About 45 minutes from where I grew up, in sniffing distance of the River Alde, is the Snape Maltings concert hall.
Inside the varnished room are taught strings and shiny brass, outside a reedy forest, oozy mud and ducks. Concert-goers in jackets and dresses sip interval wine with herons and frogs.
It’s known for its acoustics. Strings are richer, brass is brighter, drums make your heart vibrate. (I played there once with the school orchestra. It doesn’t – unfortunately – fix flat notes from scratchy violins.)
A music teacher once said you can tell an orchestra has connected with its audience when there’s a big gap between the last note and the applause.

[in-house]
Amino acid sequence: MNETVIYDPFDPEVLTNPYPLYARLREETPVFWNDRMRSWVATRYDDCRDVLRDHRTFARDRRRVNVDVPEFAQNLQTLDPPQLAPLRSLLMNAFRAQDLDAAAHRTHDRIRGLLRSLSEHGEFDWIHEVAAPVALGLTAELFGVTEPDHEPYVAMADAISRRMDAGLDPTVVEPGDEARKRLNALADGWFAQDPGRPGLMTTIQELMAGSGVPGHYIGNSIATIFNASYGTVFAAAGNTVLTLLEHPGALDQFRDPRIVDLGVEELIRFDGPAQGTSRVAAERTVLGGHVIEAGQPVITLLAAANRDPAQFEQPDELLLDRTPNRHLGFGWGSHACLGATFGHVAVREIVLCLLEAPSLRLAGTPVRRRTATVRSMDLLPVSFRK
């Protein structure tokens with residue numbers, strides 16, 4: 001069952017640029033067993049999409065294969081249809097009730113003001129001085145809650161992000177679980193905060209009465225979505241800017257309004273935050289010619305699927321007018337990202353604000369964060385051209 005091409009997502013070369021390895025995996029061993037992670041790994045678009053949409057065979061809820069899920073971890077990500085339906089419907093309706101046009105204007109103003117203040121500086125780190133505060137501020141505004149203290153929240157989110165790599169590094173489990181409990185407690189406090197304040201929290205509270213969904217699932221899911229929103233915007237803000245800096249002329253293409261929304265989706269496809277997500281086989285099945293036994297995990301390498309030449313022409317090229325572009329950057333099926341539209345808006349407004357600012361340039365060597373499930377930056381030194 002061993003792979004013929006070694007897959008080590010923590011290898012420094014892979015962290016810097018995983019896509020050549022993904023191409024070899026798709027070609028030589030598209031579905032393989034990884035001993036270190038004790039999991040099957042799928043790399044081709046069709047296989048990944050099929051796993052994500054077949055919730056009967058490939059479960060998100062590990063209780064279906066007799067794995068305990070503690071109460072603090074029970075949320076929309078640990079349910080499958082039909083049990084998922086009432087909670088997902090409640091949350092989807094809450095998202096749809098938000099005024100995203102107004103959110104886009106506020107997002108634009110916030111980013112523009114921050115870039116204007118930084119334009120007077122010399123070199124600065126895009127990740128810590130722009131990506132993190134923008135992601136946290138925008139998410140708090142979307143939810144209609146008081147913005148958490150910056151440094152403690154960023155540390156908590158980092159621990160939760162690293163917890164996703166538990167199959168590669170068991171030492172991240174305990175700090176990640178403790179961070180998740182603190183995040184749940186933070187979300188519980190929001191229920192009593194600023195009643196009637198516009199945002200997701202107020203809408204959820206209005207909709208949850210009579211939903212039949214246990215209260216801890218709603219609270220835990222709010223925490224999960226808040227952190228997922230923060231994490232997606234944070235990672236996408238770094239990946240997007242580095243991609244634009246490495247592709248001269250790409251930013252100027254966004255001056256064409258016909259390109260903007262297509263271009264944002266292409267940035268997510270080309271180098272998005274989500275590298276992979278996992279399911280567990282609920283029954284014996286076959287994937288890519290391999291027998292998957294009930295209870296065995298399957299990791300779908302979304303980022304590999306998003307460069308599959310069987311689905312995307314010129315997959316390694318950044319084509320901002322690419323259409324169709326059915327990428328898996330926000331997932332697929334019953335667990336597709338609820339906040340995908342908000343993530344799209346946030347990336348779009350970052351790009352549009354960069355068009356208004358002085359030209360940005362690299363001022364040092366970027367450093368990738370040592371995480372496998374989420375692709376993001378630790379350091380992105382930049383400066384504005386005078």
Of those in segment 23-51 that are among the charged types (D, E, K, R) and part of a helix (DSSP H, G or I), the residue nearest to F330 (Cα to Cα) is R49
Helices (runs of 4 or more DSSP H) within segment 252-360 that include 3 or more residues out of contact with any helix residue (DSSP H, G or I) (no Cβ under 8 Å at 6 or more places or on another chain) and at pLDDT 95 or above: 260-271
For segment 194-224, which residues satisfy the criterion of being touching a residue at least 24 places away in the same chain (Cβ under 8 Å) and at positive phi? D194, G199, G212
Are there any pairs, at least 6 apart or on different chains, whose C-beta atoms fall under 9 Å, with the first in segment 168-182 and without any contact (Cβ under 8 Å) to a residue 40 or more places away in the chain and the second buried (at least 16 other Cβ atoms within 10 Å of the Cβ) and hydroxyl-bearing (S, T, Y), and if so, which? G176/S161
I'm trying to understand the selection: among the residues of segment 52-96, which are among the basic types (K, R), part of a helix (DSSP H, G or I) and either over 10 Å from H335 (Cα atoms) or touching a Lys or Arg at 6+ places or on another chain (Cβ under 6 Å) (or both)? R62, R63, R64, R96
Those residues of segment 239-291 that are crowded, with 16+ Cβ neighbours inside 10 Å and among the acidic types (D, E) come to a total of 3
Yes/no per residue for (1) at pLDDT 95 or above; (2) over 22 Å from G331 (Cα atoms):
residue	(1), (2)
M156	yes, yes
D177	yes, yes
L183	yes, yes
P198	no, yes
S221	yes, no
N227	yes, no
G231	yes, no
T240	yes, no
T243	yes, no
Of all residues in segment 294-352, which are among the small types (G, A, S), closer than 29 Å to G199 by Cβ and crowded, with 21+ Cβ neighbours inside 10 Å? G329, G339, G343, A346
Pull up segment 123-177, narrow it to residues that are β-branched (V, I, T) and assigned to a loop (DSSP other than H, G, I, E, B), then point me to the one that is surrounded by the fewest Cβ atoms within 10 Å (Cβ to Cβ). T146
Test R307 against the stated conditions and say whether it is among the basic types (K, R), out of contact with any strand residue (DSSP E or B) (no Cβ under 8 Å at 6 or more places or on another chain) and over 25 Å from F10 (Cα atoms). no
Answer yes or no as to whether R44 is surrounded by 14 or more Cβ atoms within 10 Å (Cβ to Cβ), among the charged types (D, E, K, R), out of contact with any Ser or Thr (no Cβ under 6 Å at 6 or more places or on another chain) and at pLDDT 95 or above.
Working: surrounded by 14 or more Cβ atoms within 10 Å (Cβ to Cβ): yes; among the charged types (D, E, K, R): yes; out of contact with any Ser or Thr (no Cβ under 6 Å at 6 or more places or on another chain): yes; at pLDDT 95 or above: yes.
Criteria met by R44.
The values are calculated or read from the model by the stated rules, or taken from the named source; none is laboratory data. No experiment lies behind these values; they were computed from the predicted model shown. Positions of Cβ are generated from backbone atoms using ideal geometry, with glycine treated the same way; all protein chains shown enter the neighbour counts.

I experienced this at Snape. The symphony hung – leaving a vacuum of nothing. Breath held. Existence suspended.
A divine pause.
Then the hall crashed into clapping and the orchestra relaxed. Press play and life goes on.
I think it’s the pause – the nothingness – that holds the most truth. You sense it in the deathy gap before the next breath. The silence between sentences. The last vibration of a bell.
Action obscures reality.
We see truth only when we stop.